Paul Krugman, apropos the Cyprus kerfuffle, wonders what it is about European islands that causes them to turn into havens for runaway banks. He mentions Iceland and Ireland, though the description also fits Britain. Cyprus is actually the odd one out here. Unlike the Atlantic islands, the isle of Aphrodite has traditionally been a gateway between Europe and the Near East. It was a logistical hub during the Crusades and, acting as a shield against Ottoman Turkey to the north, it was of strategic importance for the sea-trade routes from Genoa and Venice to the Levant. The title of this post, by the way, comes from the book of the same name by Lawrence Durrell, more famous for that other Levantine work, The Alexandria Quartet.
Though Cypriot banks were heavily exposed to Greece, this should be seen in the context of traditional enosis, the desire for union that motivated the independence movement in the 1950s. On an island still divided between Greeks and Turks, investment in Greece was a strategic imperative and a way of connecting with the EU prior to accession. While commentators have noted the large amount of Cypriot investment in Russia (essentially laundering of illicit Russian money), few have considered the knock-on effect that a bank crash would have on the Middle East. I have no particular insight into how this will all pan out, but I suspect an injection of funds from the Gulf is as likely as one from Russia. Assuming that the shadowy investors of Qatar aren't going to buy Arsenal, they might care to snap up a Cypriot bank or two and get an option on the much-touted gas field.
There are claims that the Troika expected the Cypriot government to honour its existing (and EU standard) depositor guarantee of 100k and limit the levy to larger deposits (i.e. Russian and mainland Greek tax-dodgers), but the government feared losing Russian goodwill and decided to dun its own citizens, claiming in turn that the 6.75% was imposed upon it. This sounds like simple buck-passing, but what it serves to do is highlight the sensitivity of the issue of depositor safety, which is as much an issue for us in the UK (or anywhere else in the EU) as it is for Cypriots, particularly if this move is the harbinger of wider financial repression - i.e. paying down debt by a de facto tax on savings.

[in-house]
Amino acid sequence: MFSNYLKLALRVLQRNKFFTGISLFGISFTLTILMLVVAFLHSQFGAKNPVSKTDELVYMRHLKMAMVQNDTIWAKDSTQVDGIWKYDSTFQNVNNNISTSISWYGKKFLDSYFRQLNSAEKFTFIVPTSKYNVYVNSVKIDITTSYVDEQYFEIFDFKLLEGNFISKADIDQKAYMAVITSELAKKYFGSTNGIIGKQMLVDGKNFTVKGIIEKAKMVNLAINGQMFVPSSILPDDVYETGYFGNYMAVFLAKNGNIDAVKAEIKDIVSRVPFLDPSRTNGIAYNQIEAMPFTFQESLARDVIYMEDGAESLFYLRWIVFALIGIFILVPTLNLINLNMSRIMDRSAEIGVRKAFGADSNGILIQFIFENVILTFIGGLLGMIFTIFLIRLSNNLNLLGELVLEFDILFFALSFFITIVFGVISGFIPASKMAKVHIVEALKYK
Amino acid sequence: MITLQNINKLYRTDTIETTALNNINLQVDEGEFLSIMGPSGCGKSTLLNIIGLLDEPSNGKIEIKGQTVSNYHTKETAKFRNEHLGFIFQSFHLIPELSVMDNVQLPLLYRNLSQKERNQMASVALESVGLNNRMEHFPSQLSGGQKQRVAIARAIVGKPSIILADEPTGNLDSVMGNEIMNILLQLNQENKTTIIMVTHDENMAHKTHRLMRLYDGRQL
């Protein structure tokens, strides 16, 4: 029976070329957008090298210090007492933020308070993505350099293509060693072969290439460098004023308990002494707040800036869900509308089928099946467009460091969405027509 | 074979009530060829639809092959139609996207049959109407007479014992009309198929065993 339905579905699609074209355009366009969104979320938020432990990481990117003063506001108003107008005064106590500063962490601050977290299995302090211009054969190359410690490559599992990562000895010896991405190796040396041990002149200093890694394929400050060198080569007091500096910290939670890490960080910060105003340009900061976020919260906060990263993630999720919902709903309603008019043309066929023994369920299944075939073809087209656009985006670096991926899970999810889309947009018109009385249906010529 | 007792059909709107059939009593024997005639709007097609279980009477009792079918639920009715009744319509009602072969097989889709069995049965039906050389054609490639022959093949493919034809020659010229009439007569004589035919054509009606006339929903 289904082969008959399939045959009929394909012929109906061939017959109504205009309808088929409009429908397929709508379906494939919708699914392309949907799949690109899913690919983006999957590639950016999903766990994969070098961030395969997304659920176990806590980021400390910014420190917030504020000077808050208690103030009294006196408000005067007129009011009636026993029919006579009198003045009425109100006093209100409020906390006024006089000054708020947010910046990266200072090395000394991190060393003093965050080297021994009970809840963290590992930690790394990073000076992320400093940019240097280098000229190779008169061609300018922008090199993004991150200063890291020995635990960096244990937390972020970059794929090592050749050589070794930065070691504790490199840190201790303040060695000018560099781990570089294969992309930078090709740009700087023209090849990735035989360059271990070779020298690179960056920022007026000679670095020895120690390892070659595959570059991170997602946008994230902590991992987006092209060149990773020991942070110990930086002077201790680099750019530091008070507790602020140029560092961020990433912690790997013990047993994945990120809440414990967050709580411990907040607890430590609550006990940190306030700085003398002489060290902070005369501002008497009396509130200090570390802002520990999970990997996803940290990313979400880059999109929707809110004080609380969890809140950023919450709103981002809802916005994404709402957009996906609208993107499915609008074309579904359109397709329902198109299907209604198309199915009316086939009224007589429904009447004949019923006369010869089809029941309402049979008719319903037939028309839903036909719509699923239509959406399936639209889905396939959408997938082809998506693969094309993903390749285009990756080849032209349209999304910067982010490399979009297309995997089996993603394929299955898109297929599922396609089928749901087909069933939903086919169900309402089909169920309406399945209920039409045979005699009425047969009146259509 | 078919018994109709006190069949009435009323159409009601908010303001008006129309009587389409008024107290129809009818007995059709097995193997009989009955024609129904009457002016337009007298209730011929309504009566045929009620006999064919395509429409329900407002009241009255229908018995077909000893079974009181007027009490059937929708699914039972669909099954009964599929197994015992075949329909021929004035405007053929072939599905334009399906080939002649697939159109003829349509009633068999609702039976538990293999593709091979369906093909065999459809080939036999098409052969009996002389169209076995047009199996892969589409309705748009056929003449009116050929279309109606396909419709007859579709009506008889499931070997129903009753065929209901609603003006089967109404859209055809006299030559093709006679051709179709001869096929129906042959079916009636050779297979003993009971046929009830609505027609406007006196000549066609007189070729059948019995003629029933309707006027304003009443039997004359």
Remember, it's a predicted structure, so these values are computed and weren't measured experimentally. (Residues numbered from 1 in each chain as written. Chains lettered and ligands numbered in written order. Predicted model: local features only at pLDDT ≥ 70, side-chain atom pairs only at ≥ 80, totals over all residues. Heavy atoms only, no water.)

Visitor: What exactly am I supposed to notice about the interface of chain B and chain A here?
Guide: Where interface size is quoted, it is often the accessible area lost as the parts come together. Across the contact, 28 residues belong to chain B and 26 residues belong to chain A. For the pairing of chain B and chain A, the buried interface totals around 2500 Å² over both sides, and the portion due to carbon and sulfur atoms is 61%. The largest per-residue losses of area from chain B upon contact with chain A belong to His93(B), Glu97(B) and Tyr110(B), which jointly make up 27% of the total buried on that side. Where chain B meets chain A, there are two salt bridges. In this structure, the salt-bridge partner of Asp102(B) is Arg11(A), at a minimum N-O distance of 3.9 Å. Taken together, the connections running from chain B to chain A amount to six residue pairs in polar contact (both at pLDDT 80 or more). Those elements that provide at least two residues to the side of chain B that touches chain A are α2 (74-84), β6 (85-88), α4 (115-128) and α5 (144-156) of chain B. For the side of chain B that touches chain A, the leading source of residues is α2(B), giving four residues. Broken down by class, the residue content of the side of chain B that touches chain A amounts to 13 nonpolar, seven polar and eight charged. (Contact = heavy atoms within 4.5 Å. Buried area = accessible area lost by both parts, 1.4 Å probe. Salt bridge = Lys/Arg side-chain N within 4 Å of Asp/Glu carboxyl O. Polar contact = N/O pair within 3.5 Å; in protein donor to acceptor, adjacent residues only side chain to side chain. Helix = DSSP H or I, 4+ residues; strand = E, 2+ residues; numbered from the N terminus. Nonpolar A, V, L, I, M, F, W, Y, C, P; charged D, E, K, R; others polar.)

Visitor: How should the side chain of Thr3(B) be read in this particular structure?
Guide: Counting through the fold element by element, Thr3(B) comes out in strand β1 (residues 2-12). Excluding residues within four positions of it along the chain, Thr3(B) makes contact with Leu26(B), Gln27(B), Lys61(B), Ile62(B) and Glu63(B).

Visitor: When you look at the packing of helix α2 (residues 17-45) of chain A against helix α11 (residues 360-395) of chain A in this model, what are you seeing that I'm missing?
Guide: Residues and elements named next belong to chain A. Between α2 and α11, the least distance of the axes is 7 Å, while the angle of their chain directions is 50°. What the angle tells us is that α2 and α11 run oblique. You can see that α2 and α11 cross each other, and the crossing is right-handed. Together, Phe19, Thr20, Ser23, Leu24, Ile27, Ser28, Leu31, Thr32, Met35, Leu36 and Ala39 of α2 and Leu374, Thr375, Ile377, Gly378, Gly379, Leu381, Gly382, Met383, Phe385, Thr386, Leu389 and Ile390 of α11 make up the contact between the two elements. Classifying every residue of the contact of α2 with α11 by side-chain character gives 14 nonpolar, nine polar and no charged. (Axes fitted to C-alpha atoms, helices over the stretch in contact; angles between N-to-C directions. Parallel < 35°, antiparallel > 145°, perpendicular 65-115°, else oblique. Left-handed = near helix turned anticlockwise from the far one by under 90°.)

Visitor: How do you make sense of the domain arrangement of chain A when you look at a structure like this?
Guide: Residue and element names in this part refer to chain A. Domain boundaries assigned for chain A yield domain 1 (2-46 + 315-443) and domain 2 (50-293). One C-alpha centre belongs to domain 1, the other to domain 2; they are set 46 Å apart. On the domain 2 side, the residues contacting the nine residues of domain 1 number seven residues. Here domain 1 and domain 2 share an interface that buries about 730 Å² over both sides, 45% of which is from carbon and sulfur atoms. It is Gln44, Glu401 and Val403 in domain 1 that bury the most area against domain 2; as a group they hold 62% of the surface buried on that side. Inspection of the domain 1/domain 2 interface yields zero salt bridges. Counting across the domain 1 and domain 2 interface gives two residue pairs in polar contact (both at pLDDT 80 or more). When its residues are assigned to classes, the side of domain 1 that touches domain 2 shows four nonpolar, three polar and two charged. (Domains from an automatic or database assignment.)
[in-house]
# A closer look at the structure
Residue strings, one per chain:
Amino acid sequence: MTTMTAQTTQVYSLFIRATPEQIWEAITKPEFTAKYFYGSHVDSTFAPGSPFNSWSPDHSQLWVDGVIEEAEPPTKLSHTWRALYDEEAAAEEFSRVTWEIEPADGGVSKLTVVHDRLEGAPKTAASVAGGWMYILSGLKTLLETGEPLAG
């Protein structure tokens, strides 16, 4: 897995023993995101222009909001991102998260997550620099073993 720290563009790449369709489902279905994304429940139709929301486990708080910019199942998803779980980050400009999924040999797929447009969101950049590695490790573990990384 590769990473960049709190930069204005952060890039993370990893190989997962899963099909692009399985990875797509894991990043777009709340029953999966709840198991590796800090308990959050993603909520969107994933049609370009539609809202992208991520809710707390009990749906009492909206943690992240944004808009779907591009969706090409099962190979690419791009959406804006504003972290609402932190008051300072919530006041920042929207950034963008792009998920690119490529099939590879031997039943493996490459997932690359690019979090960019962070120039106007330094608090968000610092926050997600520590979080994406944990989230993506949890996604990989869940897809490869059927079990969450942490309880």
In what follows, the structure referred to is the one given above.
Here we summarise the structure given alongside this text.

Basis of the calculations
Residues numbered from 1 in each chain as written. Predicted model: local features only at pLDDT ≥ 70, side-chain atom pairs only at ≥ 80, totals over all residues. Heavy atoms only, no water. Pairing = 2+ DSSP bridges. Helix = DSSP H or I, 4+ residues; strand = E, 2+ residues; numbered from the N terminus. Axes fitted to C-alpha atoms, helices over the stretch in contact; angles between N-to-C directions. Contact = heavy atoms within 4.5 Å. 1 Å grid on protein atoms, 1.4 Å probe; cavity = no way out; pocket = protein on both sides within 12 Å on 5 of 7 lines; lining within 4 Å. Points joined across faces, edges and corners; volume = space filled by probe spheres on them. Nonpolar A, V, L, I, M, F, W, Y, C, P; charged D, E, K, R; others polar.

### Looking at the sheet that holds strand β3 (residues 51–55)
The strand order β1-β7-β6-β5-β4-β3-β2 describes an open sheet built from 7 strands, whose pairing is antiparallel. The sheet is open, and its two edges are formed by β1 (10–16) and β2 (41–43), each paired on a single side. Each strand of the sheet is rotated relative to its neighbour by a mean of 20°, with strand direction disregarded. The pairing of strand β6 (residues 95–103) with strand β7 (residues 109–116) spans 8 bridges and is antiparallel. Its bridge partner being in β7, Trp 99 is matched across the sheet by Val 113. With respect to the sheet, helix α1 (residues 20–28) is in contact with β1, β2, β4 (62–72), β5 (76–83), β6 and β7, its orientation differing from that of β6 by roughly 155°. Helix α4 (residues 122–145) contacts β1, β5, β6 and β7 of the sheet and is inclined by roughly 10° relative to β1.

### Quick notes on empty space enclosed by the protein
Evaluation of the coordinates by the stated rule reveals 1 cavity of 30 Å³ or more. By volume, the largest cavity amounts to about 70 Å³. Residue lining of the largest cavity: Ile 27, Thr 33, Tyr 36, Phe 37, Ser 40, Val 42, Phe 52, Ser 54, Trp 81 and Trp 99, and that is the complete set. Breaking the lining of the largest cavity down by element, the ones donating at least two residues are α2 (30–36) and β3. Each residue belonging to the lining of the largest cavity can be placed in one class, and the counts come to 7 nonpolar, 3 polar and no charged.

Unless you go overdrawn, your bog-standard UK bank account is unlikely to levy a fee for the service - it's free of charge, and has been among high-street banks for many years now. If you have a savings account, you probably earn a small amount of interest. How does this work commercially, given that the bank has to pay the costs of the branch, the ATMs, the staff etc? The answer is that the bank puts your money at risk by using it to fund loans to other customers or for proprietary trading. The bank will take the lion's share of any profits arising, hence the nugatory interest on your savings. It is able to do this (and thereby pay its management and traders big bonuses) because you, the depositor, don't think that you have any skin in a game of speculation.
Your innocence (and peace of mind) is ensured in part by deposit insurance. In the UK, the government-backed Financial Services Compensation Scheme provides a guarantee up to £85k (roughly equivalent to 100k Euros). In theory this is funded by a levy on banks and other deposit-taking institutions, however the back-stop is the government via the Bank of England, which simply means that, should your bank go bust and funds be insufficient, they will organise a non-voluntary whip-round among all taxpayers to compensate you (another de facto tax, and one which is inevitably regressive as any compensatory spending cuts will hit the poorer hardest).
While I think we can all sympathise at the individual level with small depositors in Cypriot banks, the idea that their money is being "stolen" by the government, or the Troika, is absurd. Their money was taken by the banks, who then misused and lost it. Caveat emptor. That said, it is legitimate to criticise the Cypriot government for reneging on their deposit guarantee. The political fallout of this is to leave depositors across the EU wary, which is not a clever move on anybody's part.
The significance of this event is that it lifts the veil and makes clear what should be an obvious truth: your money cannot be safe in a bank unless it operates on a full reserve basis - i.e. it does not speculate with your cash and charges you a fee for banking it. Unfortunately, such a system would severely constrain funds for investment (fractional reserve banking means investment is a multiple of deposits) and thus leave us all the poorer. It is therefore necessary for banking to operate a massive confidence trick. This is not a trick in the sense that we are hoodwinked into parting with our money for no return, but that we allow ourselves to be deluded, by the opacity of finance, into the belief that we can make our money available to others at no risk and at some reward, which is plainly illogical. The truth is bitter.